Twenty years ago, my mother had a letter published in the Sydney Morning Herald. I found the page yesterday: yellowed, tattered, and almost as old as me. The Editorial criticised the Hawke Labor Government’s statement on environmental policy for failing to set targets to reduce greenhouse gas emissions. But, it said, “Australian Governments will not be walking away from the greenhouse issue. The electorate will not let them.”
Twenty years later – almost my entire lifetime – this Labor Government has finally set targets, but targets that scarcely aim to reduce Australia’s greenhouse pollution to the day of that Editorial. Kevin Rudd and Penny Wong have walked away from a safe climate future. The question is whether we will let them.
What we hear and learn about climate change is truly alarming – that soon there will be no summer ice in the Arctic; that already, people have been displaced from their lands; and that our greenhouse gas emissions, incredibly, are still rising. But these predictions of doom and gloom tell us that everything we do from now matters – and possibly, more so than any other time in recent history.
Even conservatives something else is necessary. Dr. James Hansen, the top climate scientist at NASA said recently, “It seems to me that people should be doing whatever is necessary to block construction of dirty coal-fired power plants.”
Even Al Gore said, “I believe we have reached the stage where it is time for civil disobedience to prevent the construction of new coal plants.”
These are bold statements, and they are spot on.
Climate change direct action – such as stopping, blockading, disrupting, occupying, or preventing the mining, burning and exporting of coal – challenges the legitimacy of the coal industry. It challenges the license of the industry to operate in ways that are killing the planet and people for profit. Direct action puts a spotlight on coal: it says ‘enough!’ It allows us space to begin to break our dependency from this fossilised industry. Direct action hastens our efforts for a new, sustainable, decentralised economy. It drives the creation of thousands of safe, long-term, unionised green-collar jobs. Importantly, when we take direct action together, we create greater political power for ourselves.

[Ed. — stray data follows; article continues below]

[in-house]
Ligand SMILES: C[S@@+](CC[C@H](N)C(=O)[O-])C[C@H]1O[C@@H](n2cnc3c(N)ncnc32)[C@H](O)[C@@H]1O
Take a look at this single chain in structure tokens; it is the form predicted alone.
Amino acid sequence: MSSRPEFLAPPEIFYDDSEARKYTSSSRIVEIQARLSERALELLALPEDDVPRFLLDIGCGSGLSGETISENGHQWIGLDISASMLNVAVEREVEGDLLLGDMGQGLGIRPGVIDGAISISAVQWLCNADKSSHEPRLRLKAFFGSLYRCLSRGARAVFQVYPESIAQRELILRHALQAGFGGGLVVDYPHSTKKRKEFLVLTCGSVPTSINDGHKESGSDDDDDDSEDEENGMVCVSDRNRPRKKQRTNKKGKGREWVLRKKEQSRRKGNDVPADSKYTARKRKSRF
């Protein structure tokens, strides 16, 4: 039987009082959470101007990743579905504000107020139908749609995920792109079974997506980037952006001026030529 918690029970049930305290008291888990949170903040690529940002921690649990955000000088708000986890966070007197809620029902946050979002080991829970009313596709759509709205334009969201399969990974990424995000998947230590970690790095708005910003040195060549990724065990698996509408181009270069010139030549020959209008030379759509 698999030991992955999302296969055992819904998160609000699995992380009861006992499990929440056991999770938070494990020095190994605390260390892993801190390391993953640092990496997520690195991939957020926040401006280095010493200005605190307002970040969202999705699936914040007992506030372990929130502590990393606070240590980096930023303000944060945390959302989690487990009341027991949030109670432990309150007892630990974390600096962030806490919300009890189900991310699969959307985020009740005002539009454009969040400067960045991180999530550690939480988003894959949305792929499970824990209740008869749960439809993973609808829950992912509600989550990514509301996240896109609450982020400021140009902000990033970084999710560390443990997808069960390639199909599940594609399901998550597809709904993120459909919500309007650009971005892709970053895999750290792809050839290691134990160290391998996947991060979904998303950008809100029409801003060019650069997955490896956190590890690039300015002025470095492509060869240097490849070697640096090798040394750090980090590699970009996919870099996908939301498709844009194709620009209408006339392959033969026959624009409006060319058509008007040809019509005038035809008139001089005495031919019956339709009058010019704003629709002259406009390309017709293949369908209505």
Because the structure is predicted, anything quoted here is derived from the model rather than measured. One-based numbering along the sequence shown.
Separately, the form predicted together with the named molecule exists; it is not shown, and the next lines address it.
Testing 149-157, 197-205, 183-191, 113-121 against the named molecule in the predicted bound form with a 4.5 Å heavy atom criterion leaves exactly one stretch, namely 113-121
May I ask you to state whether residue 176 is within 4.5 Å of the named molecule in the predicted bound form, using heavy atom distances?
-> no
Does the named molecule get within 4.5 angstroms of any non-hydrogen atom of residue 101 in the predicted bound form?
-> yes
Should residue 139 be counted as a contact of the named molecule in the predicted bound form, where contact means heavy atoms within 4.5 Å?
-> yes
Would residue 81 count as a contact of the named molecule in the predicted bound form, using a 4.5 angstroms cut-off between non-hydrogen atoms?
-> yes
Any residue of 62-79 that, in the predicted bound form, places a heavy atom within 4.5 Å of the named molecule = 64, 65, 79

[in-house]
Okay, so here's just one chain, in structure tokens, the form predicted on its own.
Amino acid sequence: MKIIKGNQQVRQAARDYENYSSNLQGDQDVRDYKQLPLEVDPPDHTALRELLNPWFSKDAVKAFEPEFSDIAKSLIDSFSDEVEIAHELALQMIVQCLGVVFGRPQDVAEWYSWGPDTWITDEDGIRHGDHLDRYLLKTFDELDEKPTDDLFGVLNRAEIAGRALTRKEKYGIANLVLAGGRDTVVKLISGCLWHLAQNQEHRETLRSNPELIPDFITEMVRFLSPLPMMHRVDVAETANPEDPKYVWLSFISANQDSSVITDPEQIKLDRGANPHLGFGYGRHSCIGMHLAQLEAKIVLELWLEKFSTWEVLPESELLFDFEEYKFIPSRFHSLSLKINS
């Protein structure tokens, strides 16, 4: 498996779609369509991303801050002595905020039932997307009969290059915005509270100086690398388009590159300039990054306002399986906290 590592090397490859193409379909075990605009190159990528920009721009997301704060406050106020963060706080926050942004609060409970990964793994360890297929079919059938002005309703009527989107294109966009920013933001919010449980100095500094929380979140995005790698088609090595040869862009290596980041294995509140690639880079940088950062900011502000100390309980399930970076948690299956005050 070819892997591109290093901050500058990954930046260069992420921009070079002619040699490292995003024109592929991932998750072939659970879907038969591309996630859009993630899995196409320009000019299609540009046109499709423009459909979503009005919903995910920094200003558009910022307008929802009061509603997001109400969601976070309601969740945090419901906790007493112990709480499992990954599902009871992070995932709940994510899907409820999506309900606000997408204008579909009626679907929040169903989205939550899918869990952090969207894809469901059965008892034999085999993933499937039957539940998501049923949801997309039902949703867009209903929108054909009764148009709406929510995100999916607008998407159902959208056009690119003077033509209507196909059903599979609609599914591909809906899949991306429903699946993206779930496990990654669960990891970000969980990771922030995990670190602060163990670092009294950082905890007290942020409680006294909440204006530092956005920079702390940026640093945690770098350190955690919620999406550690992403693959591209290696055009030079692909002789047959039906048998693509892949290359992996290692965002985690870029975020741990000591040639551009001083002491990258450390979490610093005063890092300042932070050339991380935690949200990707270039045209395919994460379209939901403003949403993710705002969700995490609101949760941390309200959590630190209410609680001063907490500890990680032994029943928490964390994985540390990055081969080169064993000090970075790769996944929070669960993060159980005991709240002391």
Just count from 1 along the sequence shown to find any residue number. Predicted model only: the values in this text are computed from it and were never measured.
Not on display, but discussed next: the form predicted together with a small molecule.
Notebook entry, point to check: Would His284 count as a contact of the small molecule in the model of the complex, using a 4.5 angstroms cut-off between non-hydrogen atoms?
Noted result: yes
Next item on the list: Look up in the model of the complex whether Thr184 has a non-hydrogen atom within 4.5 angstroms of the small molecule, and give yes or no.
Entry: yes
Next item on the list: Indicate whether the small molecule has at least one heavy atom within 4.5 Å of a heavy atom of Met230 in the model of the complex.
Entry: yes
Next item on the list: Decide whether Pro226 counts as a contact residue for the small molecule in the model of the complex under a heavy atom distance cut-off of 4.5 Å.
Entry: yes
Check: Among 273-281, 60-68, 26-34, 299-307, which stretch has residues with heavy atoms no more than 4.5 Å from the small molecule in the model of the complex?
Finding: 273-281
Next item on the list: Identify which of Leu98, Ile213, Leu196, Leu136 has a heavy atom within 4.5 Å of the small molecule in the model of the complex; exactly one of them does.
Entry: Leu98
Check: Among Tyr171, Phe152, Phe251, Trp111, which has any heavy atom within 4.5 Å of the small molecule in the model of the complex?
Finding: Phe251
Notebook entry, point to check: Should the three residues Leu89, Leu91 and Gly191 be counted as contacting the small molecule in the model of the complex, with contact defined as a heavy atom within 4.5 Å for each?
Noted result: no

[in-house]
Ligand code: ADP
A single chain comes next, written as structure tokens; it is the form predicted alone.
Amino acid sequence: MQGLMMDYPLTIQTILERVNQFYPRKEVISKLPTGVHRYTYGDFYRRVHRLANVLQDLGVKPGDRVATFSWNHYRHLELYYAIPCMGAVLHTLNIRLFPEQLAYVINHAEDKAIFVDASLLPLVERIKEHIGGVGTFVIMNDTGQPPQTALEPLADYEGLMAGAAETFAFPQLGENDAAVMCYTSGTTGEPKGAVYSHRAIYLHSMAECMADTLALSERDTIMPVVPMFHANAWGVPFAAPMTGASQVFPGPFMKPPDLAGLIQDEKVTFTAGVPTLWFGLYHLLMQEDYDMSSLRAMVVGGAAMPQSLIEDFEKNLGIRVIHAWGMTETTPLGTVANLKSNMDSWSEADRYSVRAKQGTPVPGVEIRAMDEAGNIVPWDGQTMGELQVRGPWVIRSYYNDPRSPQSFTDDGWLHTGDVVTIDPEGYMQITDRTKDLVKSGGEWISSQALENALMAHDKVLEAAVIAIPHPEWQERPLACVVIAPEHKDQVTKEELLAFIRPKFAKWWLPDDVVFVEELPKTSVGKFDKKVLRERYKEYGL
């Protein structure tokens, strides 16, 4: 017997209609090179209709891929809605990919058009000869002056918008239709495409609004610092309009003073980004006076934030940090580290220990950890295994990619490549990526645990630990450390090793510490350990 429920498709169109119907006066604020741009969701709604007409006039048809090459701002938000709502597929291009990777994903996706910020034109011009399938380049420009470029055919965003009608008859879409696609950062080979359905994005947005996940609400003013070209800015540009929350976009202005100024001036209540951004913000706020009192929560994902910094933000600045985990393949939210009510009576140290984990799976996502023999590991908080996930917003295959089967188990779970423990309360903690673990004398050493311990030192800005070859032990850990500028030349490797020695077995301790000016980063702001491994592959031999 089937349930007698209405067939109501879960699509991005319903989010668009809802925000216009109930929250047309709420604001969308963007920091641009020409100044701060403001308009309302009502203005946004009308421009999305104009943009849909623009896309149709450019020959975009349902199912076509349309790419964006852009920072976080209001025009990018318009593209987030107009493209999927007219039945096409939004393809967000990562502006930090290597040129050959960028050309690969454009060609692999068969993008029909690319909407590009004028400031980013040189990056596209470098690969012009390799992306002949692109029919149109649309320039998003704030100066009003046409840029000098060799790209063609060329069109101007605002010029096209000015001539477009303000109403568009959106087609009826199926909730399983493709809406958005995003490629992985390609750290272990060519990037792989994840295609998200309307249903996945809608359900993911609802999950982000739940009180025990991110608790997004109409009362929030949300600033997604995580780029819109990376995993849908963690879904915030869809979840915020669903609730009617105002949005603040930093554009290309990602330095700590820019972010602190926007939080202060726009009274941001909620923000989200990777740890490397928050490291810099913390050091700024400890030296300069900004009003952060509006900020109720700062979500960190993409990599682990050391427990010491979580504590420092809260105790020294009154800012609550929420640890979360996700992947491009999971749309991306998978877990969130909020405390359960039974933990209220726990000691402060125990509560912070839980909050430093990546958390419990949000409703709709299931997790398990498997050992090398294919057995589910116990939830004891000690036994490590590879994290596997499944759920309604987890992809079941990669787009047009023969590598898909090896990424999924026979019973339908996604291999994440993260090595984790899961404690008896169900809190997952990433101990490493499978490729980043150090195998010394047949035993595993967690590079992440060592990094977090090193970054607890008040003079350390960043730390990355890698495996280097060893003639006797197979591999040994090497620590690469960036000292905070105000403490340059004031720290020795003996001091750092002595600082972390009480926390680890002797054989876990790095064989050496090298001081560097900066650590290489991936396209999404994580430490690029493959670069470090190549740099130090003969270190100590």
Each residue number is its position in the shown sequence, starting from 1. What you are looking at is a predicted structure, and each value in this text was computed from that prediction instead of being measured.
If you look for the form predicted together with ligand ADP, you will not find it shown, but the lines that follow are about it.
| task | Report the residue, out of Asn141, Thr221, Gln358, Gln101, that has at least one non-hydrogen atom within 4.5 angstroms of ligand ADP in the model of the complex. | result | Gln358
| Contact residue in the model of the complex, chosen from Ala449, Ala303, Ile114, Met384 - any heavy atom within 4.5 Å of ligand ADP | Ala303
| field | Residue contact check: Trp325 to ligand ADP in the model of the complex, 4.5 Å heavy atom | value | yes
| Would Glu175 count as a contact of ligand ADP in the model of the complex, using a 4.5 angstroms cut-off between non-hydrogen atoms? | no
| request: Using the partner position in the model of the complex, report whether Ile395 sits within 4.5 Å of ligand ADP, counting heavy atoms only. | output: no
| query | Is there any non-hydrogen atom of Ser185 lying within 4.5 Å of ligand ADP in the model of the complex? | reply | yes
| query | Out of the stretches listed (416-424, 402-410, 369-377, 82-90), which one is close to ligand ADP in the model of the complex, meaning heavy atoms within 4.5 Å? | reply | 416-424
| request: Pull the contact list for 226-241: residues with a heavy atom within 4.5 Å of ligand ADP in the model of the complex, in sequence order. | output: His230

Last December, the Federal Government’s White Paper handed huge compensation payouts and free permits to major polluting infrastructure like coal-fired power stations – polluting industries that already receive tens of billions of dollars of public money every year. They set a measly emissions reductions target of 5% on 2000 levels – or a 13% increase on 1990 levels, the benchmark of the rest of the world.
We cannot let them get away with it. We can make what is “politically possible” to be not what Professor Garnaut and Penny Wong judges it to be, but the political situation we ourselves create. For we deserve more than a public subsidisation of dangerous climate change. We need to create a movement that can force this government to commit to making 2010 the last year Australia’s greenhouse gas emissions rise, and begin to decline – and do much more.
When this government goes to the United Nations climate change meeting in Copenhagen next year, they must go knowing the stakes are high – for the planet and for politics. They must go to Copenhagen knowing there will be political consequences when they fail to act with the urgency required.
And we must raise that pressure. We must raise the stakes. We must create unprecedented, unpredictable political consequences. We must build a movement that turns the tide of history and pushes government, industry, and the globe toward a safe and just climate future. We must build a movement that says ‘another world is possible’ – and we will be part of creating it.
Everything we do from now matters. Please, talk to the your friends, people in your classes and communities; ask yourself what you can commit to building this movement across the next few years. Let’s ask ourselves: If not us, who? If not here, where? If not now, when?